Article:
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I just read that hair loss due to iron deficiency can look like Androgenetic Alopecia

Discussion in 'Women's General Hair Loss Discussions' started by bellatrix, Sep 24, 2012.

  1. bellatrix

    bellatrix Guest

    I still think I have Androgenetic Alopecia, because I do find what look like miniaturized hairs (short, very fine, unpigmented). Also my most affected area is the top of my head. That being said, I do feel like I have general thinning all over my head, and I don't find any miniaturized hairs either in the back or sides, where my hair also feels thinner (I've always had thin hair though, so maybe I'd never paid attention to how thin it really is). To add to confusion, though, now I read this:

    Source: http://www.hairsite2.com/library/article194.htm

    I don't know how legit or reliable that site is, but it still got me thinking. I don't know if I could have an iron deficiency (or any other nutrient for that matter)... I mean, I have dry skin, I feel lethargic, my nails are brittle and thin (but only from time to time, at times the seem to get better), I have low sex drive... I never thought those symptoms could be linked to iron deficiency, but I don't know, it sounds more like thyroid problems but my thyroid is supposed to be fine! (I did read that an iron deficiency can mess with some thyroid hormones, though, but I'm no doctor)

    I also have insulin resistance, without PCOS (at least that's what the doctor said). Maybe I'm just overthinking this and it's simply genetic, though for both of my parents their hair loss started at least after they turned 40 (and I'd said my mom's started later, with menopause). I'm 24... my sister also has this problem, though (she's 25). So maybe we just got awful genes, but I digress.

    Any thoughts on this?
     
  2. somegirl

    somegirl Guest

    I read that too and it fueled my wishful thinking for a while :)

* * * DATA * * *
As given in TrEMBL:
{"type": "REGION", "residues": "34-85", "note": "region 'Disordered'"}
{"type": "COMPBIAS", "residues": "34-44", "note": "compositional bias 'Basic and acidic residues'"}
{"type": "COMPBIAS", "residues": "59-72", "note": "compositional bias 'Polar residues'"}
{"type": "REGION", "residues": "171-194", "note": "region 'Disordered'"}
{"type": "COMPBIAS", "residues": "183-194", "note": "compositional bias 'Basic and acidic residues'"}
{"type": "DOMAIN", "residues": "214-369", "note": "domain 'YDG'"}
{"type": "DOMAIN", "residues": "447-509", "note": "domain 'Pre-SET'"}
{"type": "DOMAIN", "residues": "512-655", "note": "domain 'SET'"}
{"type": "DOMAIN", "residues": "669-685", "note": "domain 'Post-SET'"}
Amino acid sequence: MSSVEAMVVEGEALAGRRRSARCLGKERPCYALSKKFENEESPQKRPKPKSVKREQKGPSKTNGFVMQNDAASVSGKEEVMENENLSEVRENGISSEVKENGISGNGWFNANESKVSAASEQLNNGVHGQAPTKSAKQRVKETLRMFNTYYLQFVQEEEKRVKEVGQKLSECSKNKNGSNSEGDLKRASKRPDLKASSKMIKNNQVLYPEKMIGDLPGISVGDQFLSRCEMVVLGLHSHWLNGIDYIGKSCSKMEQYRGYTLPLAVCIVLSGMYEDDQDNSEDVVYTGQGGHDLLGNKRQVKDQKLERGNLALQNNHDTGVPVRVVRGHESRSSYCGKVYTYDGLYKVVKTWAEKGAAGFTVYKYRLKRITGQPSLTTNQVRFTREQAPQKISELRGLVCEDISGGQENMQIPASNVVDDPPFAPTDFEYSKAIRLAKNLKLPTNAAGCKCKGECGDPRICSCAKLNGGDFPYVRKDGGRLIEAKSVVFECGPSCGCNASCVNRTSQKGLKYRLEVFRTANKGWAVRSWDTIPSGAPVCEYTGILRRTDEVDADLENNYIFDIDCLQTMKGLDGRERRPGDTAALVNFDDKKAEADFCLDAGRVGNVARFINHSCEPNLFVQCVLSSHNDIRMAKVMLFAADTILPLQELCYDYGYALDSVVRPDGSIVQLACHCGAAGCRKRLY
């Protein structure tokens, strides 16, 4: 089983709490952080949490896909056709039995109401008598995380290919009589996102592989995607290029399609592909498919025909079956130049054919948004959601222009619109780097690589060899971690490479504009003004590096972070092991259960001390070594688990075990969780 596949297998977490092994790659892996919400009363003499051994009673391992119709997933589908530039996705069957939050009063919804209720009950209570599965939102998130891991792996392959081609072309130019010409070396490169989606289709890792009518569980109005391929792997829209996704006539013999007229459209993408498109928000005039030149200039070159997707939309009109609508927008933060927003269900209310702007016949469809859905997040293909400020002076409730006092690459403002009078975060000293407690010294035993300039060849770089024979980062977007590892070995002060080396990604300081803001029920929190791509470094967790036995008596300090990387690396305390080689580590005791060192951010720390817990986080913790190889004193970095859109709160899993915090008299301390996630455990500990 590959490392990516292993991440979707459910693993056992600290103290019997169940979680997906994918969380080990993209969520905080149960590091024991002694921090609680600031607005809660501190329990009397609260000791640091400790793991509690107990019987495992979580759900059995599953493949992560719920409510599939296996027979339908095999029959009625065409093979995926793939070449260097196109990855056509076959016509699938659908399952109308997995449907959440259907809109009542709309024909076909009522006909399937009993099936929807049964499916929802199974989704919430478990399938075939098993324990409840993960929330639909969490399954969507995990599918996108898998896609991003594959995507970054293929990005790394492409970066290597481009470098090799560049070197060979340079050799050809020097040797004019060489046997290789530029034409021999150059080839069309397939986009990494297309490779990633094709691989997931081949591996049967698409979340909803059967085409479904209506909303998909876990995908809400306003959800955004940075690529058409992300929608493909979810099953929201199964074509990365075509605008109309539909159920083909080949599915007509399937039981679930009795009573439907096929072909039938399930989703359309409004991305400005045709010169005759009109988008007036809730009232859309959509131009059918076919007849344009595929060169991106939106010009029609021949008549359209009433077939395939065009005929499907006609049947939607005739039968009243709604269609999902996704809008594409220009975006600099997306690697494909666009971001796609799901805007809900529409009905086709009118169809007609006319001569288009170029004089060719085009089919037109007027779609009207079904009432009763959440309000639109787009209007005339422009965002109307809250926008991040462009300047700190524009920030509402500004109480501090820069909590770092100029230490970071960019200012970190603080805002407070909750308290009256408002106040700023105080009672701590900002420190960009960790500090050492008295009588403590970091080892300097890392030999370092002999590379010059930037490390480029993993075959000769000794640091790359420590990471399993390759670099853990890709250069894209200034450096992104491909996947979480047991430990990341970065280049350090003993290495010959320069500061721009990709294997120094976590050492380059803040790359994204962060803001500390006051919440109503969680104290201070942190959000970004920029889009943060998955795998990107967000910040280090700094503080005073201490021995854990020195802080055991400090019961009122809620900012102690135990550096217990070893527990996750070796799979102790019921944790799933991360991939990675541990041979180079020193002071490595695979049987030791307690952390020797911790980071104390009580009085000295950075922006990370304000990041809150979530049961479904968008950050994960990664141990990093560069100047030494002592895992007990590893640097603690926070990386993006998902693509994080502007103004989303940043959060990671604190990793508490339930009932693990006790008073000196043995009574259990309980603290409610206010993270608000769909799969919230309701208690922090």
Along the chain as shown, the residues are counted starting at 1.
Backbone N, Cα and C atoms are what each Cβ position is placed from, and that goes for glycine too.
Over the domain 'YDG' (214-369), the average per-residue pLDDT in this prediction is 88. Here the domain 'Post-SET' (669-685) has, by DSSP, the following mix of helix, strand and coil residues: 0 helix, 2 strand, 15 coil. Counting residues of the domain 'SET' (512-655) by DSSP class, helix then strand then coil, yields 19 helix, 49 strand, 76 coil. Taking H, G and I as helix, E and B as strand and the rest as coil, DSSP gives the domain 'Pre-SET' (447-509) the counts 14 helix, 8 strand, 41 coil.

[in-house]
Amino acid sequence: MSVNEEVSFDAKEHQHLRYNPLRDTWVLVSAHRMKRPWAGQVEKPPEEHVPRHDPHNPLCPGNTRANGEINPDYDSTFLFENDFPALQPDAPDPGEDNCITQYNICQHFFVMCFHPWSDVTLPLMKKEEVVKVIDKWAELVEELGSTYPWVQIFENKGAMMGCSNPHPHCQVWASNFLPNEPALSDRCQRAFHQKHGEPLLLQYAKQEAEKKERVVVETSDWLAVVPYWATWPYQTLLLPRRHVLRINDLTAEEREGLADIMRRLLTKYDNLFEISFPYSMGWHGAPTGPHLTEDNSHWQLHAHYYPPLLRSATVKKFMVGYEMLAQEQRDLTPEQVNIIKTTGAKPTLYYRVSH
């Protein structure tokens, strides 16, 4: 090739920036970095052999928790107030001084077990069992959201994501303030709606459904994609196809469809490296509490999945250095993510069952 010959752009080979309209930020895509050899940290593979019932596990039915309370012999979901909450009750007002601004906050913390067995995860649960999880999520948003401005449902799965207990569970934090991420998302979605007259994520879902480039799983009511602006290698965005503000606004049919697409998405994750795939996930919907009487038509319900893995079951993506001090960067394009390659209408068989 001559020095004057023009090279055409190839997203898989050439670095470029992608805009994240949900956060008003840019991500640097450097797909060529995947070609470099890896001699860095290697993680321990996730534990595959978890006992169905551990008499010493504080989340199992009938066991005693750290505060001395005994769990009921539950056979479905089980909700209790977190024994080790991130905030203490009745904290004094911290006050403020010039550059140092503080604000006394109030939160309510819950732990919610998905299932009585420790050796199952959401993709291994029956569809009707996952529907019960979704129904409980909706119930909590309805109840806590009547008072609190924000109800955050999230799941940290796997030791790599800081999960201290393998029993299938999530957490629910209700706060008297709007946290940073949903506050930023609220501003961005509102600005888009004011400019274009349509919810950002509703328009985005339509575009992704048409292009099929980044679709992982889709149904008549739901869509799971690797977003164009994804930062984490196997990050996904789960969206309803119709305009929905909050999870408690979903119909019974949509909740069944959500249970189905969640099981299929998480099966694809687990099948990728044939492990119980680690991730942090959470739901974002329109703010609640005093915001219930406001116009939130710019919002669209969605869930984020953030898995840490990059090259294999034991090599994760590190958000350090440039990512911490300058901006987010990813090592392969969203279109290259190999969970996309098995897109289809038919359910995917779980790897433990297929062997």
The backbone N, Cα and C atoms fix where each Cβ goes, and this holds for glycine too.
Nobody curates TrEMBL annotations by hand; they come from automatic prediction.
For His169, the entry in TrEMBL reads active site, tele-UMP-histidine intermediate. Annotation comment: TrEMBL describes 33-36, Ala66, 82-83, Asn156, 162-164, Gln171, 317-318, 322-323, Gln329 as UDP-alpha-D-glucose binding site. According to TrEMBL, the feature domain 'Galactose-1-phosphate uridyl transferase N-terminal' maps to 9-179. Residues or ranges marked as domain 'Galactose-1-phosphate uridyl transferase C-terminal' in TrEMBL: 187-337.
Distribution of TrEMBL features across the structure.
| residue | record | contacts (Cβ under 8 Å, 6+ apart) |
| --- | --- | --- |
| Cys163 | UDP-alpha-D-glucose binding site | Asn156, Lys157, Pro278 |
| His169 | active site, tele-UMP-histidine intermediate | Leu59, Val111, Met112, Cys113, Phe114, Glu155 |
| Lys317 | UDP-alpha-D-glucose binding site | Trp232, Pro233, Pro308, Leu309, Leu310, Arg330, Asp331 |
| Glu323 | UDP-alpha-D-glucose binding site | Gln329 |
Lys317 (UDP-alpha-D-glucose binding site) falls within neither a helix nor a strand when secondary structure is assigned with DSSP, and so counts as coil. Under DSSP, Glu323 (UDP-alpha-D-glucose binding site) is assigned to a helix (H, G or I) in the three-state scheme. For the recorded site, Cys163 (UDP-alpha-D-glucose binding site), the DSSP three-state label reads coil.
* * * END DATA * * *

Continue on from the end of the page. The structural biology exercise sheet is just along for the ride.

Who knows? Check your ferritin and if it's 40 or lower try to elevate it (under supervision of course), it can't hurt.
     
  3. Rama

    Rama Guest

    I'm keeping search about that and alot of artical was discussed the same topic, I don't know sometimes I do believe the iron or the mineral has effect, but some physician ignore it if they found the iron, TIBC in Normal range
     
  4. HairyIssues

    HairyIssues Established Member

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    This was exactly my personal experience. Each and every derm I consulted with "diagnosed" with Androgenetic Alopecia from simply looking at my scalp. I finally had a biopsy last year and it revealed CTE, no evidence of Androgenetic Alopecia whatsoever. My Ferritin was 9 for most of my adult life. My hair fell out in buckets and regrew very thin, lightweight and fluffy. After raising the level to 60 over the course of 1 year, I regrew tons of hair, at least 30% of what I had lost. This was 20 years after having hair loss. I still lose lots of hair from stressful events in my life, but hair regrows much faster and thicker, looks like normal hair. At any given time, I have tons of tiny hairs regrowing. This is what truly differentiates CTE from Androgenetic Alopecia, imo.